The room brightened as the glowing silver chains burst forth from my ebony wand. One twisted around my right arm and formed a small buckler around my hand, while the other swirled in front of me with deadly intent.
Sirius, to his credit, only whistled. “So these are the chains… Riposte, is it?”
I narrowed my eyes. He didn’t seem particularly threatened, or even concerned.
Maybe this will show him. I grasped my chain with my will and split it into three before setting them to task, hoping to subdue the man quickly.
Sirius, however, had other ideas. His wand flew into motion, deflecting the three offending chains, though with a lot less ease than he had had with my earlier spells.
“Not bad!” Sirius exclaimed after he managed to bash all three chains away simultaneously, giving himself some breathing room as he followed his move up with more spells. The chains forming my buckler bunched up together, deflecting four spells with no issue and forcing me to take a step back from the fifth. “But those chains of yours can’t stop the energy from impacts.”
I opened my mouth to answer when Sirius swept his wand from left to right. The light blue, viscous spell that had been stuck to the wall since the beginning of the duel launched itself towards me with little warning.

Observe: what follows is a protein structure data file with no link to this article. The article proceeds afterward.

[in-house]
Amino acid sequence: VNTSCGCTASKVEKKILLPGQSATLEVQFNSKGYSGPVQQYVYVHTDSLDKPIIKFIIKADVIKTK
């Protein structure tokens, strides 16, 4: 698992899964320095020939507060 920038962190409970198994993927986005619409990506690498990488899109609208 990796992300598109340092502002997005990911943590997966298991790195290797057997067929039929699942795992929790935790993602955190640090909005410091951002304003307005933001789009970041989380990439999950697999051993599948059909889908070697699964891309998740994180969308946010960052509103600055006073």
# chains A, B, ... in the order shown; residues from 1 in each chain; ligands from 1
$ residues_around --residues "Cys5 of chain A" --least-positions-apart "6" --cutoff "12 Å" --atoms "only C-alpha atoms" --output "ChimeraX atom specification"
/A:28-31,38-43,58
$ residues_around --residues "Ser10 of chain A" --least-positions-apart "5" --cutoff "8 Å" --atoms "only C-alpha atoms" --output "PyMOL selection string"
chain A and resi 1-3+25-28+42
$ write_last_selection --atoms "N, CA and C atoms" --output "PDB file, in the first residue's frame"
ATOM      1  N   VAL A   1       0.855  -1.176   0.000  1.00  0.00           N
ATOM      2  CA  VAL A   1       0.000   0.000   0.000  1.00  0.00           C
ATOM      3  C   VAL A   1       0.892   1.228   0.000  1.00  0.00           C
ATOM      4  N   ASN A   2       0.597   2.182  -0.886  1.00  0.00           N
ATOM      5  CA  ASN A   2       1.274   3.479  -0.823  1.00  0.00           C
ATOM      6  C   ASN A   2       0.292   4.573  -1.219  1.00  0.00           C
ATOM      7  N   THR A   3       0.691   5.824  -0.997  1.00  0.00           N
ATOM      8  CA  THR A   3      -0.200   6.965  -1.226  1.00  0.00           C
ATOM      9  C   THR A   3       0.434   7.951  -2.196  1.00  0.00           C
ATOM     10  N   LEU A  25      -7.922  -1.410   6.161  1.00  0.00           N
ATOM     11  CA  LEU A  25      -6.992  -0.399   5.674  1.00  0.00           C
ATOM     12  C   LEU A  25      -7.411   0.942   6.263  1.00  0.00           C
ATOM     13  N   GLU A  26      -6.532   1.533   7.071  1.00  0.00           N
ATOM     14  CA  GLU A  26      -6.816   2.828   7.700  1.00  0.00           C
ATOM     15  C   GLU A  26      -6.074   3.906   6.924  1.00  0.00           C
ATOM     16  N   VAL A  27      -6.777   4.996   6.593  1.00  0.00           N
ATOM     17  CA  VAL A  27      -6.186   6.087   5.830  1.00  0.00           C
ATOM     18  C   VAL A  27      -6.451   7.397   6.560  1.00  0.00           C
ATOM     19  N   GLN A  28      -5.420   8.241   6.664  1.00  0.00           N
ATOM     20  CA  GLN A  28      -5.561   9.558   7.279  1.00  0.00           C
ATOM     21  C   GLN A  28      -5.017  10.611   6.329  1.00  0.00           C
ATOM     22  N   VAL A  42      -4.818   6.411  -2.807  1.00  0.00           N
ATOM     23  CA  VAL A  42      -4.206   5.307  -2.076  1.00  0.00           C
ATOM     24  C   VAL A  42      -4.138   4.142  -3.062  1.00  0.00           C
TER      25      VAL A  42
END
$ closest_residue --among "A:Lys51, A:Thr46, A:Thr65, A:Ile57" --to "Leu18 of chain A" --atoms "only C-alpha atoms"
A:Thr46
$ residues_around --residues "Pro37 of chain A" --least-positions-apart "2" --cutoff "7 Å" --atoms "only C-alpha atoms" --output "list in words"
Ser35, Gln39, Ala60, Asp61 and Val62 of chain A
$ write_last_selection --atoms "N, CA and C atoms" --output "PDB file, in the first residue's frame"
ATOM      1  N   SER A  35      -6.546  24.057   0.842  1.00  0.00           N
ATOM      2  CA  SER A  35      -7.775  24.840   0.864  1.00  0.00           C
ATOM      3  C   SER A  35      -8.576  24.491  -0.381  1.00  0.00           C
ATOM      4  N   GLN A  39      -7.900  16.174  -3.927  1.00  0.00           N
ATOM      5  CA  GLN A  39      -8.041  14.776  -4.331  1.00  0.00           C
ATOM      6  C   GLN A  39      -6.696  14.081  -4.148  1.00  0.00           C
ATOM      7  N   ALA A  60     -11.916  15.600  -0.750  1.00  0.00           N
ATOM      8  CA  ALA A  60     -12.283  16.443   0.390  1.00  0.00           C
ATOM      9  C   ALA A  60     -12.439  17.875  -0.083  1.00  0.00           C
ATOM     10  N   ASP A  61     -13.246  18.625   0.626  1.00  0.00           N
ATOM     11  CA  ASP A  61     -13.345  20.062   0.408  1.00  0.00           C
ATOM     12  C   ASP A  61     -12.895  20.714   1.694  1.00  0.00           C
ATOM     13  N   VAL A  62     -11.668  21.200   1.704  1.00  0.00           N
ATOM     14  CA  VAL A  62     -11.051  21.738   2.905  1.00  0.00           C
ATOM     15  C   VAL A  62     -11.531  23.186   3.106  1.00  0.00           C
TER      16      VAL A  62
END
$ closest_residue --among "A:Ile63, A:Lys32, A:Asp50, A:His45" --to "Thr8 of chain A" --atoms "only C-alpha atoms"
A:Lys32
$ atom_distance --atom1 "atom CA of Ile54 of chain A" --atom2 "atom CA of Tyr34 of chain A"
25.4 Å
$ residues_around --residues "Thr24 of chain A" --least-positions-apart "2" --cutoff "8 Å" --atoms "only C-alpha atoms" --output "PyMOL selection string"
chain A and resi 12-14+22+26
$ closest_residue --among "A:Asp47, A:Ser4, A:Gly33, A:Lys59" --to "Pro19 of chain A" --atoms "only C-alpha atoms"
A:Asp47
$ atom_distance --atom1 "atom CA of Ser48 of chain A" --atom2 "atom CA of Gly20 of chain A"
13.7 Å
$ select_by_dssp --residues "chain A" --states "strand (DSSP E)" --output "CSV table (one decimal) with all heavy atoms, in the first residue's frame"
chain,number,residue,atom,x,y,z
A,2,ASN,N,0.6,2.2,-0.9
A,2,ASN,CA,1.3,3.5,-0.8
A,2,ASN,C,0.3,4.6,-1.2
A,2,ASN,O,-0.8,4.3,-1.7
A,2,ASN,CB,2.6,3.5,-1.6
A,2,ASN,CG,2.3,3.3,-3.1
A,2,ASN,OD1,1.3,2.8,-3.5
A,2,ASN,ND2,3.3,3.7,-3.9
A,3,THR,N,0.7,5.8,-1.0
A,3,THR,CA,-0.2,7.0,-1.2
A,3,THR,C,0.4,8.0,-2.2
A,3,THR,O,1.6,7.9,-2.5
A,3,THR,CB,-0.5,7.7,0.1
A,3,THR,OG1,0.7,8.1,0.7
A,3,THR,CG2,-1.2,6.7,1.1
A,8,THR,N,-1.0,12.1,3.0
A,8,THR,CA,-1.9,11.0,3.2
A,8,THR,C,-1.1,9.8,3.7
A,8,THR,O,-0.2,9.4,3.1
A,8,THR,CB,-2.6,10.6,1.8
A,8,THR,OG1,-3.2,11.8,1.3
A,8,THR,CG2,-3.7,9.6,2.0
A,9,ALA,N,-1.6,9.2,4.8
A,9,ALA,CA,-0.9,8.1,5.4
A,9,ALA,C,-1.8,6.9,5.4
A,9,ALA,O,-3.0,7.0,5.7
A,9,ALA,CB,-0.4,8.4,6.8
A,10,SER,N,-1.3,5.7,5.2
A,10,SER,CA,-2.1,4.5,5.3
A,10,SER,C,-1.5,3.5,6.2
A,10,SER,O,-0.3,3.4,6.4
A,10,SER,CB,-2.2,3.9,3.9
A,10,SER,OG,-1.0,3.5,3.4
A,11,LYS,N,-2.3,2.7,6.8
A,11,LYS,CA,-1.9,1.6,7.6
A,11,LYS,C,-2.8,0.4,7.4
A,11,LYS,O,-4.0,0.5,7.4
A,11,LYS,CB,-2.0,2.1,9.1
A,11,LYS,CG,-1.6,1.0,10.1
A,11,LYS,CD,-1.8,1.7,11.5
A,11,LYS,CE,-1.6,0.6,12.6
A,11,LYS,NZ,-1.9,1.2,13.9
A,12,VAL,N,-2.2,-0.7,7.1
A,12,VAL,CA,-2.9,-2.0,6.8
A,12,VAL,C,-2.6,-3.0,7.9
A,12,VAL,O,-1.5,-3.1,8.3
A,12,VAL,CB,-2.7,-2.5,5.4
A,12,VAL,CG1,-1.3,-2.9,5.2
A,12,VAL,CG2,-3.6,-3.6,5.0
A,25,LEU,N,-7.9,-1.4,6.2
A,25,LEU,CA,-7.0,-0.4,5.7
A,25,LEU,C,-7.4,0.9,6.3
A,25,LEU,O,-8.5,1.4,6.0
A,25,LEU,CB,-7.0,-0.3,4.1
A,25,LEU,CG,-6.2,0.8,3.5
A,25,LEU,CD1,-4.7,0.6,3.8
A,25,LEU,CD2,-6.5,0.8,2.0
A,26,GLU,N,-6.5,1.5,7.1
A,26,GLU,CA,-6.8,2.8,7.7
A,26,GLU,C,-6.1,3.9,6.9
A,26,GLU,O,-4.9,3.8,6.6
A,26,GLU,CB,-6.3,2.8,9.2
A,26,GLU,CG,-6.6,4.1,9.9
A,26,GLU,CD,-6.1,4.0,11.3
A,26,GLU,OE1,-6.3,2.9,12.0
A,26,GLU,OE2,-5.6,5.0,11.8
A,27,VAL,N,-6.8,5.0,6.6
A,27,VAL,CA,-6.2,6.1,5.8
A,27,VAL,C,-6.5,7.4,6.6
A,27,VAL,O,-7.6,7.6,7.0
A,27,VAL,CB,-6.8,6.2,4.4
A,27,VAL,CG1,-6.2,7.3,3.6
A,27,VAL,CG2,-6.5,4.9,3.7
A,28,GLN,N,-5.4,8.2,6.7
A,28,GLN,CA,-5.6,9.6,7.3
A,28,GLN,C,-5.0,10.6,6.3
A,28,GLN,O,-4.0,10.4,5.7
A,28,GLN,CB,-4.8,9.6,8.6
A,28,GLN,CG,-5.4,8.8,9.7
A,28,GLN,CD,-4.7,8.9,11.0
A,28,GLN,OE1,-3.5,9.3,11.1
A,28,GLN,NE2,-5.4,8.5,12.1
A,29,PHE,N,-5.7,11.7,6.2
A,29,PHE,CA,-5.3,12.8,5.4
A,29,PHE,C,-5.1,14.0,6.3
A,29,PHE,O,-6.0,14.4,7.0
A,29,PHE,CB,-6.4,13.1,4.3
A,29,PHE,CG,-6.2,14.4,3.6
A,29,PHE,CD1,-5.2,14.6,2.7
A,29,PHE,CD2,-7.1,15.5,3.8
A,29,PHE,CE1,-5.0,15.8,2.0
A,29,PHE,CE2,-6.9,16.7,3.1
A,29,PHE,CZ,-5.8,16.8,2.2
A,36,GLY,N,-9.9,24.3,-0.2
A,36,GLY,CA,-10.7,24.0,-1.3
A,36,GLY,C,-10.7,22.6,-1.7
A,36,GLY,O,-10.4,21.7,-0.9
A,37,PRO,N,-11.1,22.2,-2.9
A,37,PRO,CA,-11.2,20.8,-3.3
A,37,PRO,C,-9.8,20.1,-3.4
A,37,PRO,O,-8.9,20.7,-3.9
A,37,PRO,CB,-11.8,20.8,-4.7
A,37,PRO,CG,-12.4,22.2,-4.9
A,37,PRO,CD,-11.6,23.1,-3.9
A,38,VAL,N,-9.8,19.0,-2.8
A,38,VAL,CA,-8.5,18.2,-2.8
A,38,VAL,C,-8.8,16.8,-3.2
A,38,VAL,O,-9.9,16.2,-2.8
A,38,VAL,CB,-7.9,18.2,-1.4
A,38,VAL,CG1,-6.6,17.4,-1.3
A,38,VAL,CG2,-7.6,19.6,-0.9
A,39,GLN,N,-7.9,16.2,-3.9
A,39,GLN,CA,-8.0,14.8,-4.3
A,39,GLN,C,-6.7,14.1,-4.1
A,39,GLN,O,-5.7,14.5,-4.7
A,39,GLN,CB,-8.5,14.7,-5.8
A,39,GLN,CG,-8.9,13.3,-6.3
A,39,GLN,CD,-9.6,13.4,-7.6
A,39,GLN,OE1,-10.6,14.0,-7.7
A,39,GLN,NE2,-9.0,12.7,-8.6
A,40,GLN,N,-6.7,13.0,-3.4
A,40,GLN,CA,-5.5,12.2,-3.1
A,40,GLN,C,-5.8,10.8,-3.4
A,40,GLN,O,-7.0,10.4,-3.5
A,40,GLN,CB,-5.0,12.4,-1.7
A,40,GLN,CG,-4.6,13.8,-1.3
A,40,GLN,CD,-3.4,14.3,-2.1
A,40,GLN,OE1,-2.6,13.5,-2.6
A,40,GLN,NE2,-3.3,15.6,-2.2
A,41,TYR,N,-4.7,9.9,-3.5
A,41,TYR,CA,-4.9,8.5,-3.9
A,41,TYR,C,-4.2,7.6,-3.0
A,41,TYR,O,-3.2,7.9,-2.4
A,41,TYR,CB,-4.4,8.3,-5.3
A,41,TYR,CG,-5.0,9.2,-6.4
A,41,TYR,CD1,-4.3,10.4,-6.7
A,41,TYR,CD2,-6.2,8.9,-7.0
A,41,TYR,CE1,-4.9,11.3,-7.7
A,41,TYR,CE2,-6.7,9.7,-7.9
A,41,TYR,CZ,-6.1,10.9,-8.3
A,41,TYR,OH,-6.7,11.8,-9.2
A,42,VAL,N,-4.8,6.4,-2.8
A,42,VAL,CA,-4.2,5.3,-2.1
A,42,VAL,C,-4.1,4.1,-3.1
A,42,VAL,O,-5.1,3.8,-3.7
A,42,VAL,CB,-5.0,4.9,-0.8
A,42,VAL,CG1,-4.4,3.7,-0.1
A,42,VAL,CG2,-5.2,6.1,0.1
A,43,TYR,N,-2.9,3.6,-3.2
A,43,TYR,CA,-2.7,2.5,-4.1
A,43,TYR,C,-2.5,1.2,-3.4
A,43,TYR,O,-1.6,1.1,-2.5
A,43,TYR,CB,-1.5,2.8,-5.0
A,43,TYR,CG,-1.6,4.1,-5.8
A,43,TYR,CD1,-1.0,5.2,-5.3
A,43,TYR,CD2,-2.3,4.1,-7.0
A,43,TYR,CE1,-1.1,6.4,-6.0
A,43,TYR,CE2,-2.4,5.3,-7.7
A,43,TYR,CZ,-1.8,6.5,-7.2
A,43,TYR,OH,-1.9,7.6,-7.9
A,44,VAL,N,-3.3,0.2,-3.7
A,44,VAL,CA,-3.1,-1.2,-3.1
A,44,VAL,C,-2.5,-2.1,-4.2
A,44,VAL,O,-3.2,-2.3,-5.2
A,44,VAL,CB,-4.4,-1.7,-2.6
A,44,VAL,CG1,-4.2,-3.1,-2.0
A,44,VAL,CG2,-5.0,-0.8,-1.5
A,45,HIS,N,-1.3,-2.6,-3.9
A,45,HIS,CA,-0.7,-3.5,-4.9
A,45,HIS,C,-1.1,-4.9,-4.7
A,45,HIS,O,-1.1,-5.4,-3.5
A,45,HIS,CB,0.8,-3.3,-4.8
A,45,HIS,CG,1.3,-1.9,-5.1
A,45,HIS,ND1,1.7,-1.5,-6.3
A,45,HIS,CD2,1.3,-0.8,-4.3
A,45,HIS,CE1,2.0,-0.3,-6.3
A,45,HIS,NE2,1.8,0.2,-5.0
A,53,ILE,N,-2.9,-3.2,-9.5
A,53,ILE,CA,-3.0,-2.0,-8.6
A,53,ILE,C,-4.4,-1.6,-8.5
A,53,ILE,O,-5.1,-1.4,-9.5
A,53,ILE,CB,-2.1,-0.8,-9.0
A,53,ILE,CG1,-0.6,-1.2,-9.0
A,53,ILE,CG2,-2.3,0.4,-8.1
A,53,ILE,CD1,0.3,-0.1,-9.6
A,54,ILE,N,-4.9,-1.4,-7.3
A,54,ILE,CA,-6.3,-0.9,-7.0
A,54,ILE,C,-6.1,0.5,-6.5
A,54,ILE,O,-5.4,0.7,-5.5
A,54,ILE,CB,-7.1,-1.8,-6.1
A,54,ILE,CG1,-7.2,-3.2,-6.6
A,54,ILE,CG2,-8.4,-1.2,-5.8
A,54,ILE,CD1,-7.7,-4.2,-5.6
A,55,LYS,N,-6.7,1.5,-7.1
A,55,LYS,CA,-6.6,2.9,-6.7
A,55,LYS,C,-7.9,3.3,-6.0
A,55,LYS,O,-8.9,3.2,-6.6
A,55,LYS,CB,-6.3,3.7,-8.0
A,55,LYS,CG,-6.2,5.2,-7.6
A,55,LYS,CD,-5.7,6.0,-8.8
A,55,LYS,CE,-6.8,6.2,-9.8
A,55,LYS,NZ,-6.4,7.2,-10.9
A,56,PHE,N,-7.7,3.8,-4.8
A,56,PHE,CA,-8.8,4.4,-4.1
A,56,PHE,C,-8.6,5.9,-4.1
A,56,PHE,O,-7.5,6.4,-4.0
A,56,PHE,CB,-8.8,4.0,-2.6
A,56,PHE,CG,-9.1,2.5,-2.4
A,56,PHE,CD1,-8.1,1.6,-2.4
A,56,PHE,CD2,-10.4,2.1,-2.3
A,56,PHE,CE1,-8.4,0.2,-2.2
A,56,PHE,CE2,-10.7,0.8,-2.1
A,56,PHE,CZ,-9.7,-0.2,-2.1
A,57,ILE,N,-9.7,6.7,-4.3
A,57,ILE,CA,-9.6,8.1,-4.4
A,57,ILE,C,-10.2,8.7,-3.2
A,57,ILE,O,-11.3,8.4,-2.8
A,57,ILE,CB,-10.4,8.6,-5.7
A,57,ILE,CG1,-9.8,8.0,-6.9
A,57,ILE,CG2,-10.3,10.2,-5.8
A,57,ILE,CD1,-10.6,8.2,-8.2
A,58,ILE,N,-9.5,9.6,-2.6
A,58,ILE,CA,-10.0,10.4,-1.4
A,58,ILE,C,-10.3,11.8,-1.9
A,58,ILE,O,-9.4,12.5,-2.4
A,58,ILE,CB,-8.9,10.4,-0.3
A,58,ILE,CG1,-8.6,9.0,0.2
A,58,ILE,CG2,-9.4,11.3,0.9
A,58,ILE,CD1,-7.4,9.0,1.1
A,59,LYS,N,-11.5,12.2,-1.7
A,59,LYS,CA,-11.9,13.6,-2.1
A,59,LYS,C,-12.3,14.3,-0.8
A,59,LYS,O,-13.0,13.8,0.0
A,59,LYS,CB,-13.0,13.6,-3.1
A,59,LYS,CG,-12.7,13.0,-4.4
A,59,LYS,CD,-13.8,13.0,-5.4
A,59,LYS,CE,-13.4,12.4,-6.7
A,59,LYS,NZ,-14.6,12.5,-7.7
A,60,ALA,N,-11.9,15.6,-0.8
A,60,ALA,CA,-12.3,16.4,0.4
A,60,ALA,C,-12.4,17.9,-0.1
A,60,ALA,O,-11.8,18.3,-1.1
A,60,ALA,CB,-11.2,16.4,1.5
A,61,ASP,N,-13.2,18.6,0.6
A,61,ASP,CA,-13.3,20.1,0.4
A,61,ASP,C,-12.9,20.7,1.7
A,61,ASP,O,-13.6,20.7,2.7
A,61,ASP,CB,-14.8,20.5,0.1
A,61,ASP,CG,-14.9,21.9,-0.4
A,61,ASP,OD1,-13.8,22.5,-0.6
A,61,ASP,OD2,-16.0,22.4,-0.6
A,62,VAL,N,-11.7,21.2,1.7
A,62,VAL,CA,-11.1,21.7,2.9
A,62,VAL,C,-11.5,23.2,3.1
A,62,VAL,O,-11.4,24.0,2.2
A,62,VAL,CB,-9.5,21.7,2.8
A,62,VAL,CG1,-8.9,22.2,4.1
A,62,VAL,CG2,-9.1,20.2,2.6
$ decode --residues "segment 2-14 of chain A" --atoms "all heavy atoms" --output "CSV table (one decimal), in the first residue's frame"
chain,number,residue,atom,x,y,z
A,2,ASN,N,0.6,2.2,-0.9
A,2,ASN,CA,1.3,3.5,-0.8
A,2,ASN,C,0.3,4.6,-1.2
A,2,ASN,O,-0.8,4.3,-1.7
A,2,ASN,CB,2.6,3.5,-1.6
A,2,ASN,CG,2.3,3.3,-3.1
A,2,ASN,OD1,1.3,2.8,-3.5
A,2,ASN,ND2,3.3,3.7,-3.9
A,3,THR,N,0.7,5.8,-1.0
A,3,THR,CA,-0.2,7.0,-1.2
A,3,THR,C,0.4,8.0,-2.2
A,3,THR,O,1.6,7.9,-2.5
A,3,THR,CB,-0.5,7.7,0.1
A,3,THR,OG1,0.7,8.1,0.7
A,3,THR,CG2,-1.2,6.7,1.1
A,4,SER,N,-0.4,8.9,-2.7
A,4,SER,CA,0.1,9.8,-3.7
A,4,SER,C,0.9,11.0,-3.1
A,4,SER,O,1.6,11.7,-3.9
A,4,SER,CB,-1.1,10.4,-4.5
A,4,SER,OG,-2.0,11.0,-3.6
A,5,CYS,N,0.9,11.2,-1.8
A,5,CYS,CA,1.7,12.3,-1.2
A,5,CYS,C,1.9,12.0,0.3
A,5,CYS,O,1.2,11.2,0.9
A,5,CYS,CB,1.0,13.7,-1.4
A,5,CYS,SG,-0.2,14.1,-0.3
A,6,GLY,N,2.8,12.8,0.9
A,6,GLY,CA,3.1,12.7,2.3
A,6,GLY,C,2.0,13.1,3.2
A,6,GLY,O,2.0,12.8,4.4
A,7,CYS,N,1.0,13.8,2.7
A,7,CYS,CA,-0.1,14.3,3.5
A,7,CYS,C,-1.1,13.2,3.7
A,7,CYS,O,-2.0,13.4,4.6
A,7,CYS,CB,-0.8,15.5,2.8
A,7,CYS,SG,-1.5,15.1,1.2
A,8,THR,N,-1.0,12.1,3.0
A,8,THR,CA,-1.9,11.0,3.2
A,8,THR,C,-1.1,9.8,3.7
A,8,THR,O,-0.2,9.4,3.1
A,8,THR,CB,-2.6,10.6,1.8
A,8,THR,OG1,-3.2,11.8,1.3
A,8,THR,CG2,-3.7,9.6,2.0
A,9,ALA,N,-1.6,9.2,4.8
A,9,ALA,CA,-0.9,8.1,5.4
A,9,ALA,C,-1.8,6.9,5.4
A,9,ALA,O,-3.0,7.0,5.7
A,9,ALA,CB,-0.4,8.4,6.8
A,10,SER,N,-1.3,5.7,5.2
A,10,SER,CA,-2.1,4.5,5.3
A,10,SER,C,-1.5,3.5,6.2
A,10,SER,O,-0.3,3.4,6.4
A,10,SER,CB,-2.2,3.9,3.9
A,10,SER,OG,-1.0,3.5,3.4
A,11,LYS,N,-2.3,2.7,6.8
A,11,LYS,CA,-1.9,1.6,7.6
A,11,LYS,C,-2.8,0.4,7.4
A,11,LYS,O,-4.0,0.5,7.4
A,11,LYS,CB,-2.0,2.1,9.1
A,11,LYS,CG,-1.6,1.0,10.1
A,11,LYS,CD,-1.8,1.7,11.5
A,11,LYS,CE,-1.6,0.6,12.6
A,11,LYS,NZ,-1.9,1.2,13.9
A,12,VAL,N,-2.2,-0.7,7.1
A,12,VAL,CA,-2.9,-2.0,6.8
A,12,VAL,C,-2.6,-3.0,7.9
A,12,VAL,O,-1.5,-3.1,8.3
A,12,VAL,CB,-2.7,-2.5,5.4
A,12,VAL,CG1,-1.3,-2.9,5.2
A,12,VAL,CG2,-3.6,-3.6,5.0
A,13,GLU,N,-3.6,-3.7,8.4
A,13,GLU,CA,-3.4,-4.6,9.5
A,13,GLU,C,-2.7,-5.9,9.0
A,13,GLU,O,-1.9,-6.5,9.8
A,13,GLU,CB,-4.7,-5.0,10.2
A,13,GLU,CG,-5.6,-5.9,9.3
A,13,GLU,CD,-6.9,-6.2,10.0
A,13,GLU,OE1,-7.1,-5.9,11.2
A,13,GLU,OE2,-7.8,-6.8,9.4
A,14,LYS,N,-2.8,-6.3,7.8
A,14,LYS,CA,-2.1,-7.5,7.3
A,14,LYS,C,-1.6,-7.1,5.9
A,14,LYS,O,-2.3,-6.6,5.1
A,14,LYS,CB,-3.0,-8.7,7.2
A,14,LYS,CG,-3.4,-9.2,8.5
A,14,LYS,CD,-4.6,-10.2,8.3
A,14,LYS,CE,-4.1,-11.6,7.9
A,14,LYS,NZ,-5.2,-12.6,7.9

Moving all of my chains back to me, I braced for impact, only to be surprised when Sirius’ spell simply squeezed itself through the links and open spaces of the chains, crashing into me with the force of a tidal wave and sending me down to the floor.
I quickly reoriented myself and tried to move, only to realize that I was covered from head to toe in this strange spell.
“The chains can’t seem to stop this, either.” Sirius noted as he made his way over to me. I saw him staring down at me with a serious expression. “Still, a very impressive spell, considering you’ve only created it a few months ago.”
I tried to move my chains, only to realize that they were stuck in this goop as well.
“Impressive.” I said in disbelief, still unable to do a thing. “Doesn’t feel so impressive from down here.”
Sirius only shook his head. “That’s what practice is for, Adam.”
He waved his wand, and the spell was gone. I stayed that way for a moment before finally noticing the man’s offered hand.
“Hope I didn’t rough you up too badly, kid.” Sirius said, sending me a smile and keeping his hand extended.
I breathed for a few moments, smiled, and then took his arm.
“No. It’s fine.” I waved him off before gaining a serious look. “Let’s go again.”
It seemed that this practice would indeed be beneficial.